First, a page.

The highly-successful Binaisa and Paulo Muwanga UNC Buganda campaign was based almost on threats and lies about destroying instead of freeing Buganda. It created a suspicious and hostile attitude against British motives for the future of Buganda in independent Uganda. Besides making Buganda entrust its seats in the Legislative Council to the UNC, this complicated subsequent independence politics in which Binaisa and Muwanga were key players.

In July 1957, Binaisa, who was exactly seven months in the UNC, was among the 46 UNC National Council members who opposed, and walked out of the Annual Delegates Conference, upon the re-election of the Musaazi and Joel Kiwanuka leadership. In the UNC executive committee response, Binaisa was among the 16 rebels accused of conspiracy and ambition, and dismissed from the UNC.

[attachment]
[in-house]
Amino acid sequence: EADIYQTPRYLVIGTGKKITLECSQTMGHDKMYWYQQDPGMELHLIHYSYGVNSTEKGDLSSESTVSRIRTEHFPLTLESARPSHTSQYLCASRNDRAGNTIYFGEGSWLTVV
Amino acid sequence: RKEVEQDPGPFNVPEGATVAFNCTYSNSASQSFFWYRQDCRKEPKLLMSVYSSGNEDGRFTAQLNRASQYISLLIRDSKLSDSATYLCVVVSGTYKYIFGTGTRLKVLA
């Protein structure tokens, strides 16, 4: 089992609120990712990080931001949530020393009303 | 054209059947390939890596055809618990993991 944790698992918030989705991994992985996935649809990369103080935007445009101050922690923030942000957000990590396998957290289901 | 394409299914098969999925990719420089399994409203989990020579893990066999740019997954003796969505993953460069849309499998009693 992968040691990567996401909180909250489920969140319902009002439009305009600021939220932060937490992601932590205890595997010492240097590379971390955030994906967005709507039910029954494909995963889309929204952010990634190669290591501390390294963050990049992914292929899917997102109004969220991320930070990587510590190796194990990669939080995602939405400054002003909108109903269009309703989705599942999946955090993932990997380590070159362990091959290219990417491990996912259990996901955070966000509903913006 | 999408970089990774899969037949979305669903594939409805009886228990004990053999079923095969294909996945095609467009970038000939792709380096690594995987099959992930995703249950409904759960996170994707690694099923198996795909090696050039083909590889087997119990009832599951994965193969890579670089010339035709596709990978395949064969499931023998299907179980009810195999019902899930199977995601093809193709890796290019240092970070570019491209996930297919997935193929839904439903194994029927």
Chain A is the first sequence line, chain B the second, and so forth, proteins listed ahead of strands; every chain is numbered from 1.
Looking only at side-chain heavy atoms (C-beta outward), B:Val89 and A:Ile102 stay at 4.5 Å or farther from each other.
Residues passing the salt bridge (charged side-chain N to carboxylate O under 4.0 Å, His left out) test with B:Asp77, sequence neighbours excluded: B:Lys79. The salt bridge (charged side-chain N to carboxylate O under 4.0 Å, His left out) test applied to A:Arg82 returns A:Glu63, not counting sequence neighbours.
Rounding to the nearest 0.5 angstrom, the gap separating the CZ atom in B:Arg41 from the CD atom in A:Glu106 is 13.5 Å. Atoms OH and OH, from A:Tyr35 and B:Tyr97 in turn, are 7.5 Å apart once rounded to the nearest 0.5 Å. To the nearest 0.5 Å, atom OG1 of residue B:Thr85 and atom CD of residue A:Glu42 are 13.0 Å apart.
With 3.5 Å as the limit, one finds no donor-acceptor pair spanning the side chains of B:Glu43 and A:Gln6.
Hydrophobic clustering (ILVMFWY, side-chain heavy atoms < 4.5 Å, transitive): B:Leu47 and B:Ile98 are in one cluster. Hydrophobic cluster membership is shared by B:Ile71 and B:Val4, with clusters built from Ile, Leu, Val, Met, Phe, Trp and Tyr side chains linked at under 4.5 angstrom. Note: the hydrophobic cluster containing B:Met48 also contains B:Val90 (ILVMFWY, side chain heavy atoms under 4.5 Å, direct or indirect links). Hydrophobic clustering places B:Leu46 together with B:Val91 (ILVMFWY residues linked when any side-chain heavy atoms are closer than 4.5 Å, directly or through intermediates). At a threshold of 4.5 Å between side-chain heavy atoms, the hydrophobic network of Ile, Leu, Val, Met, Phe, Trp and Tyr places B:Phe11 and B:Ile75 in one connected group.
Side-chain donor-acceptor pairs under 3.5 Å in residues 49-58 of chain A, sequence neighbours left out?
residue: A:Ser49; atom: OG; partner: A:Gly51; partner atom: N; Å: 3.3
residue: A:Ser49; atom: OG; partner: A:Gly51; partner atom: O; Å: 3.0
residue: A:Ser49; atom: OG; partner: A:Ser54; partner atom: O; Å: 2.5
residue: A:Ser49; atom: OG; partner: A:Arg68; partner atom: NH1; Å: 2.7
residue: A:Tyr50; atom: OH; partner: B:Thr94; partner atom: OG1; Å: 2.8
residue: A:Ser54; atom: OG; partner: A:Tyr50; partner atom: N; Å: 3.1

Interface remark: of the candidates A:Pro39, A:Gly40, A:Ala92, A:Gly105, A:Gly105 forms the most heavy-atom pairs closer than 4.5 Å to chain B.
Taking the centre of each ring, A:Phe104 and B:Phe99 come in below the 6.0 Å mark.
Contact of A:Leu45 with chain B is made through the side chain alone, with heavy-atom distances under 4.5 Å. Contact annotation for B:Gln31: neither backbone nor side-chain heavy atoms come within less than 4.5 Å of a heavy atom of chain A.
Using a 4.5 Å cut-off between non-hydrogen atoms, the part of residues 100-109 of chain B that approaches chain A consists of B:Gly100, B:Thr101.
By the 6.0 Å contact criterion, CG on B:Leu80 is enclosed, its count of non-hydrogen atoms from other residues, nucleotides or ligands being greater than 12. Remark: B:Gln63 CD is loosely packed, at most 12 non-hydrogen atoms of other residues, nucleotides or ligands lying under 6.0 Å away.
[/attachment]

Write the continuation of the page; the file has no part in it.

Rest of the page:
Binaisa was eventually among the 23 UNC leaders who formed a breakaway United Congress Party, where he became the secretary general. At the inauguration of the United Congress Party, Binaisa said the UNC was delaying and leading the Uganda independence struggle on the road to ‘nowhere’. Binaisa made stinging personal accusations against UNC founding leaders, Musazi and Kiwanuka, who he had not worked with for more than six months.

Though he was officially only the secretary general, Binaisa was the de-facto leader of the United Congress Party. He declared ‘war’ against the presence of non-Africans in the Uganda Legislative Council and national politics. He declared ‘war’ for immediate independence instead of following the British protracted plans. Binaisa warned that UCP will resort to force to free Uganda from British rule. Binaisa, as leader of the UCP, launched a campaign to show that all the alleged development and welfare plans by the colonial regime were actually geared to delay independence. He announced that UCP was recalling all the African Representatives from the Uganda Legislative Council because of the refusal by Britain to grant independence. Two representatives; Hon. Lubogo and Hon. Dr Muwazi, resigned. Binaisa announced that Africans will henceforth boycott electing their people to Legislative Council.